‘A perfect storm’: What’s our protection level against measles amid Chicago outbreak?

Considered to be effectively eliminated across the U.S. in 2000, a measles outbreak in Chicago this month is a wake-up call about how easily things can spiral, experts say.

So, how well protected are Illinoisans against the highly contagious and sometimes deadly respiratory virus?

The measles vaccination rate for K-12 students statewide is estimated at 96.2%, which exceeds recommended levels. But it’s lower for kindergartners at 91.7% as of 2022, the Illinois Department of Public Health reported.

Meanwhile, more than 690 schools fall below the 95% vaccination rate that triggers herd immunity, Illinois State Board of Education records show.

“Vaccines have become the victims to their own success because they’ve been so good, and so effective, that a lot of families have just not seen some of these really scary illnesses,” said Dr. Anita Chandra-Puri, a spokesperson for the American Academy of Pediatrics.

“And that can be a problem because then, they think they don’t have to worry about them. But we do know that this situation can happen, just like it is happening now.”

The Chicago outbreak infected 17 people as of Friday with a majority traced to a migrant shelter. Eleven children age 4 and younger fell sick.

A man cycles past a shelter for migrants March 13 in the Pilsen neighborhood of Chicago. Multiple people living at the shelter have tested positive for measles. Associated Press
It’s a busy scene outside a shelter for migrants March 13 in the Pilsen neighborhood of Chicago. Multiple people living at the shelter have tested positive for measles. Associated Press

It’s the most infections since 2015 when 17 were reported in Illinois. The epicenter was at a Palatine day care, Cook County Department of Public Health’s Dr. Rachel Rubin recalled.

“It was in the infant room because those children were too young to be vaccinated. One of the kids was infected by an adult and it spread through that entire room,” said Rubin, CCDPH’s senior medical officer.

Babies don’t receive their first measles shot until 12 months; the second dose occurs between ages 4 and 6.

Current data shows Will County with the highest vaccination level for schoolchildren in the region at 97%. That’s followed by suburban Cook County with 96.7%, Lake and McHenry counties at 96.5%, DuPage County at 96.2% and Kane County at 95.6%.

Chicago’s vaccination rate is 93.8%, according to a 2022-2023 Illinois State Board of Education survey.

This week, DuPage and Kane health officials urged residents to ensure they are up to date with the MMR vaccine that protects against measles, mumps and rubella.

Nationally, vaccination rates for measles have declined since the COVID-19 pandemic. Coverage for kindergartners went from 95% in 2019-2020 to 93.1% in 2022-2023, the U.S. Centers for Disease Control and Prevention reported.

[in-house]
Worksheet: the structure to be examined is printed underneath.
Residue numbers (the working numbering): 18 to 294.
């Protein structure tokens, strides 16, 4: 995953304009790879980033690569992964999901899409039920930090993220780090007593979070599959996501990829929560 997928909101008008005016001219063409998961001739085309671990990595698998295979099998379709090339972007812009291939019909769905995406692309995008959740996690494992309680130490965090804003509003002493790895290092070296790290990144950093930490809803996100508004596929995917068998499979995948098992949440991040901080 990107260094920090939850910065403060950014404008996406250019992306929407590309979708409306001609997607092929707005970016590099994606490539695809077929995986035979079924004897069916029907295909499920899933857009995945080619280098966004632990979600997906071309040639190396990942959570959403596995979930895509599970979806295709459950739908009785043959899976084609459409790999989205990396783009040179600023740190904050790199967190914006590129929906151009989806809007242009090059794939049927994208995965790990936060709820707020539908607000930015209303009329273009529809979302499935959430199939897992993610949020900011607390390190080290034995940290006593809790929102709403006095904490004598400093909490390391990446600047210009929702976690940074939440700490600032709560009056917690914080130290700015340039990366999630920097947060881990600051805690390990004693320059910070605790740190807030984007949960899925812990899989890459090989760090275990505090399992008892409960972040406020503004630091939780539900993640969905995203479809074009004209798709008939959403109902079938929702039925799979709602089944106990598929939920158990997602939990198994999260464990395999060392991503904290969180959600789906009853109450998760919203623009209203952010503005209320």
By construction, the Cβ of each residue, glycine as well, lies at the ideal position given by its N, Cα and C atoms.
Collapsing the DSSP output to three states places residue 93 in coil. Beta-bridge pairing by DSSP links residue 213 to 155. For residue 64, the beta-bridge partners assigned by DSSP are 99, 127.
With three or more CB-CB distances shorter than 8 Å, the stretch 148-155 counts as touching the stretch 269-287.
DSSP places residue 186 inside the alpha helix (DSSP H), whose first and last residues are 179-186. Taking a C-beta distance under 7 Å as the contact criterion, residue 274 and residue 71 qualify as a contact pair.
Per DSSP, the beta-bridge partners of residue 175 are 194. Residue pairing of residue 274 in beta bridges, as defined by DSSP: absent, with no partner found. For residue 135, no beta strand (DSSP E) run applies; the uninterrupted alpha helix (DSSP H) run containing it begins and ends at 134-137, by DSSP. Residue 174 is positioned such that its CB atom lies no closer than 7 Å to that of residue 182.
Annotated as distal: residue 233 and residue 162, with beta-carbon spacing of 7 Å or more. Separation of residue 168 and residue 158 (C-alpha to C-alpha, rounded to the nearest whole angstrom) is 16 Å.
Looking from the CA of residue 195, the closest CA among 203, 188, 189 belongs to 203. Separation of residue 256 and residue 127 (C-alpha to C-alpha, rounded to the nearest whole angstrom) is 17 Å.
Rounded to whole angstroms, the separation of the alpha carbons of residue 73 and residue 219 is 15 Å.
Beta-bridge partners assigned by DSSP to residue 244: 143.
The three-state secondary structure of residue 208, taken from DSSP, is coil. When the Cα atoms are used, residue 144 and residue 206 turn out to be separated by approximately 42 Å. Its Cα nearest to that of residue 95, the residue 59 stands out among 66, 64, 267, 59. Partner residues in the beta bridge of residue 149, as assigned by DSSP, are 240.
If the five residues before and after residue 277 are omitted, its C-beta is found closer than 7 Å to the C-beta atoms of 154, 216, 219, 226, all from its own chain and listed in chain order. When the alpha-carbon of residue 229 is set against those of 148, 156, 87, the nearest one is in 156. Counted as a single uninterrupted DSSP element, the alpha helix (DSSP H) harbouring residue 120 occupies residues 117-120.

That equates to about 250,000 kindergartners across the U.S. who are at risk for measles.

Outbreaks have “been one of the concerns we have had, as immunization rates against measles have fallen,” Puri said.

Although measles was considered eradicated in the U.S., there are international exposures from travelers and people relocating, she explained.

“If you happen to be in contact with measles and you’re unimmunized and get the disease and you bring it into a place with lower immunization coverage rates — it’s a perfect storm.”

Illinois allows exemptions to school vaccination requirements on medical or religious grounds.

Thousands of parents have received religious exemptions statewide, with more than 12,600 reported in the metro region in the 2022-2023 school year.

Concerns were raised after the measles vaccine was falsely linked to autism in the 1990s. It was debunked by the scientific community but that misinformation contributed to vaccine hesitancy.

When she meets parents who are dubious about the vaccine at her Chicago practice, pediatrician Puri works to build trust.

“I talk to them about the risks of the disease. I talk to them about how sick a child can be and the complications of the disease. I talk about the effectiveness of the vaccine and the safety of the vaccine,” she said.

What is ‘herd immunity’

Two doses of the MMR vaccine are 97% effective in preventing the virus and one dose is 93% effective. People who’ve had measles also typically are immune.

When more than 95% of people in a community are vaccinated against measles, most people are protected through herd immunity, according to the CDC.

So, “if you’re vaccinated — you’re protected — and the 5% that are not vaccinated are protected because everybody else is vaccinated around them,” Rubin explained. “That means the virus isn’t circulating because people are not susceptible to it, and it dies down. The 5% that aren’t vaccinated benefit from the rest of us that are vaccinated.”

A woman receives a MMR vaccine for measles, mumps and rubella. Two doses offer a 97% protection against measles. Associated Press file
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